Some FOHs took the auction and the name change badly, accusing the museum of bad faith and betrayal. When the LeMay-America’s Car Museum opens Saturday, only 43 LeMay cars will be featured in opening displays, though they’ll get top billing on the main floor.

Harvey Widman, an old friend and real estate associate of Harold LeMay who volunteers one day a week guiding visitors through the maze of vehicles at Marymount, bears no grudges.

“If you’re going to put something as big as that together, including a $60 million building in downtown Tacoma, some feathers are going to get ruffled,” Widman said. “They did what they had to in order to get it done.

“When you get top executives from corporations across the country involved,” he said, “their vision is going to be different than one man’s vision here in Pierce County.”

Cofchin acknowledges some have bruised feelings, but said she understands what the new museum is doing.

She doesn’t blame it for auctioning off the cars. The museum adjusted its course and business plan and decided it didn’t need them, she said.

“That’s what car museums do,” she said. “The LeMay Foundation sells cars, too.”

“People think we’re in competition, but we’re not,” Cofchin said. “It’s really about making Puget Sound a destination for people who like cars.”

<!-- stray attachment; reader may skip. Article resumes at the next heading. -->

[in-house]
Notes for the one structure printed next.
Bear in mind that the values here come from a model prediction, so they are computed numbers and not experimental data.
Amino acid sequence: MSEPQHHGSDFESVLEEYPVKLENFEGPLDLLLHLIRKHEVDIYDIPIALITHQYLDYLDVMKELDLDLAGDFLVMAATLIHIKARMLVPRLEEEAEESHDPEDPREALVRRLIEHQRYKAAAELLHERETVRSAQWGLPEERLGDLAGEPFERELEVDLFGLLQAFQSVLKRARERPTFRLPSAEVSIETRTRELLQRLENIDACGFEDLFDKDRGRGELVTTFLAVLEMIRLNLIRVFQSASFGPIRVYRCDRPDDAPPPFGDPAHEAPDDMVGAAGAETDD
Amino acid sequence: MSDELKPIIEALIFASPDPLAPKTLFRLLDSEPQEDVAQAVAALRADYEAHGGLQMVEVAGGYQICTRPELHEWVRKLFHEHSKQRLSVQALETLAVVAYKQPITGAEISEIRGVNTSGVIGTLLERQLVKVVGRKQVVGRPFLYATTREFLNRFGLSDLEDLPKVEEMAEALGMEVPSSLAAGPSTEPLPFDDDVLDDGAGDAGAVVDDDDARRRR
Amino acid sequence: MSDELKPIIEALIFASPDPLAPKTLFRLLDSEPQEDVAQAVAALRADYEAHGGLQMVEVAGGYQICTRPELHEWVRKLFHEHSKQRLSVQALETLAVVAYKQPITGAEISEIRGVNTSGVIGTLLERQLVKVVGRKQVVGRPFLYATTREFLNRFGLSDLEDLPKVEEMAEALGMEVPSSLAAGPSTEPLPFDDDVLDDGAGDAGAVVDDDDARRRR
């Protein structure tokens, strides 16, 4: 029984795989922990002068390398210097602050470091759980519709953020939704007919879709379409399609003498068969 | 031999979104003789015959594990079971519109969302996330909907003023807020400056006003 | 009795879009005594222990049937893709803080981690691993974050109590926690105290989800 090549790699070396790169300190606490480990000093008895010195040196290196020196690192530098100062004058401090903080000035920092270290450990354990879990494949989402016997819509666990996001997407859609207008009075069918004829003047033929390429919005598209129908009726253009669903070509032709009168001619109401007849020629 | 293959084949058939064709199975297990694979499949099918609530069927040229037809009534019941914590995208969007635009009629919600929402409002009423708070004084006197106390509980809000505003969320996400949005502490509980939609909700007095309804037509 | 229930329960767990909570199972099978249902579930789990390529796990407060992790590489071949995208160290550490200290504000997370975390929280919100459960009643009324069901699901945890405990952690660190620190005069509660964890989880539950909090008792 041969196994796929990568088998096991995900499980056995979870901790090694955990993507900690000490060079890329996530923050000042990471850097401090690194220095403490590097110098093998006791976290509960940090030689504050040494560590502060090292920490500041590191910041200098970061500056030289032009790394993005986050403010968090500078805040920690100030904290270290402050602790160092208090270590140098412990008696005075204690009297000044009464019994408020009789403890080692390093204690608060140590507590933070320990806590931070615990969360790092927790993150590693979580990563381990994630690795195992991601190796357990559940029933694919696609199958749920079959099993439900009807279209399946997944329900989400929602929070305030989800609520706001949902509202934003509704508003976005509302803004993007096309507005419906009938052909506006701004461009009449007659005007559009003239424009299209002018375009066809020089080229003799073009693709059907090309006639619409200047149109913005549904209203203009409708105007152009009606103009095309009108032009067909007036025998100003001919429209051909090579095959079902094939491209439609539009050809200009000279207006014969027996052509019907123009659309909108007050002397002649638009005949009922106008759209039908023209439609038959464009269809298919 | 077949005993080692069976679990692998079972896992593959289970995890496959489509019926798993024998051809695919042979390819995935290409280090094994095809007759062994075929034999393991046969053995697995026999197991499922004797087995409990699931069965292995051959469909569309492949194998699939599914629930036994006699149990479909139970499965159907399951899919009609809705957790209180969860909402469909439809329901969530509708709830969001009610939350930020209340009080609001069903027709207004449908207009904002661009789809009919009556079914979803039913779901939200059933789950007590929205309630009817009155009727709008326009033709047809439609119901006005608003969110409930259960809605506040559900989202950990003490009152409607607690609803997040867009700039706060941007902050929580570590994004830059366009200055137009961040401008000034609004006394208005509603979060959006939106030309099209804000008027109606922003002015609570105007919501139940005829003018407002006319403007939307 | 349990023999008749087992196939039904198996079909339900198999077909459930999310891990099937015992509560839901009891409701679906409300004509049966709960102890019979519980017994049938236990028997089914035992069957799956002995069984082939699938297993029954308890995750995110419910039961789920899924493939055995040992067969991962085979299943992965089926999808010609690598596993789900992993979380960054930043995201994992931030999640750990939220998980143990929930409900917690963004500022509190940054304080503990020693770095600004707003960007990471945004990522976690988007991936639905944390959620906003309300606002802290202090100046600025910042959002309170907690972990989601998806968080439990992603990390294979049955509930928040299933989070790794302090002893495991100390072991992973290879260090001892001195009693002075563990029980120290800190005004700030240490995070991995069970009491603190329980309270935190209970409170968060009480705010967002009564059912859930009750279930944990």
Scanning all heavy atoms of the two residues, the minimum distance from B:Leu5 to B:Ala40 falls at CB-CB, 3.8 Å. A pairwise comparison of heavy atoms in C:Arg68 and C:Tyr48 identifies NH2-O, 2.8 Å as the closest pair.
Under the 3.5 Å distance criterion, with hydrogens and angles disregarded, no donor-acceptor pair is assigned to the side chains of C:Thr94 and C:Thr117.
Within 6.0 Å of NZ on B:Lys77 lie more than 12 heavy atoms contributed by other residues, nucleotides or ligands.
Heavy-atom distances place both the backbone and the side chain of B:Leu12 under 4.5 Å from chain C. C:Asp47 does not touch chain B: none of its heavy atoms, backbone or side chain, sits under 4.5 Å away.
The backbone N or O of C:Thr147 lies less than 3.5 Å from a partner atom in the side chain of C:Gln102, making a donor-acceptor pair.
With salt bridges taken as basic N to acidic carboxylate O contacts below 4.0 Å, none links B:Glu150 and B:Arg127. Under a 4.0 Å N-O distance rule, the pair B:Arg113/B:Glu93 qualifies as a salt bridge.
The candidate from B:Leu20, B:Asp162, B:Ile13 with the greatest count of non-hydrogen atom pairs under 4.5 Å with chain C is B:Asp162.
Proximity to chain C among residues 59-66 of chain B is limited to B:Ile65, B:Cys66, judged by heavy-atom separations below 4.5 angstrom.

As a result, Pierce County now has two car museums: ACM’s castle of cars across from the Tacoma Dome, and its down-to-earth brother at Marymount.

“There are good things about both.” Widman said. “The museum in Tacoma will be the well-presented face of car collecting. This is the dirty fingernails version.”

At Marymount, cars – some of them worth hundreds of thousands of dollars – fill every available space. There are cars in the assembly hall and lined up bumper to bumper on the gym floor. Headlights peer down aslant from the bleachers.

A coral-colored 1949 Kaiser Deluxe rests in the showroom. Amish buggies hang from the ceiling rafters, over a Wolseley Six Eighty police car.

Round a corner and there, inexplicably, is a collection of brass hose nozzles. Outside, an old fire engine rusts in the trees. An ancient flatbed Chevy truck with weeds growing on its running boards packs the crushed chassis of what once was a Model A Ford.

“In terms of a focus, it’s everything,” Widman said.

Cofchin and Stacy Vogel Rushton, the collection coordinator, are the foundation’s only two paid employees. Everybody else who helps run the place, car detailers, tour guides, movers, are all volunteers, some of whom have been working with the LeMay family for as long as 30 years.

“This is more Harold than the new building is,” Cofchin said. “People come in all the time and say, ‘This is the Harold we knew.’”

Eric LeMay, Harold’s grandson who led the car museum effort in the early years, said the two museums are different but complementary brands.

“One is not necessarily better than the other,” he said. “They just have different flavors to them.

“For people who complain the new museum doesn’t have the spirit of Harold, I say, go to Marymount,” the younger LeMay said. “You’ll get it in spades.”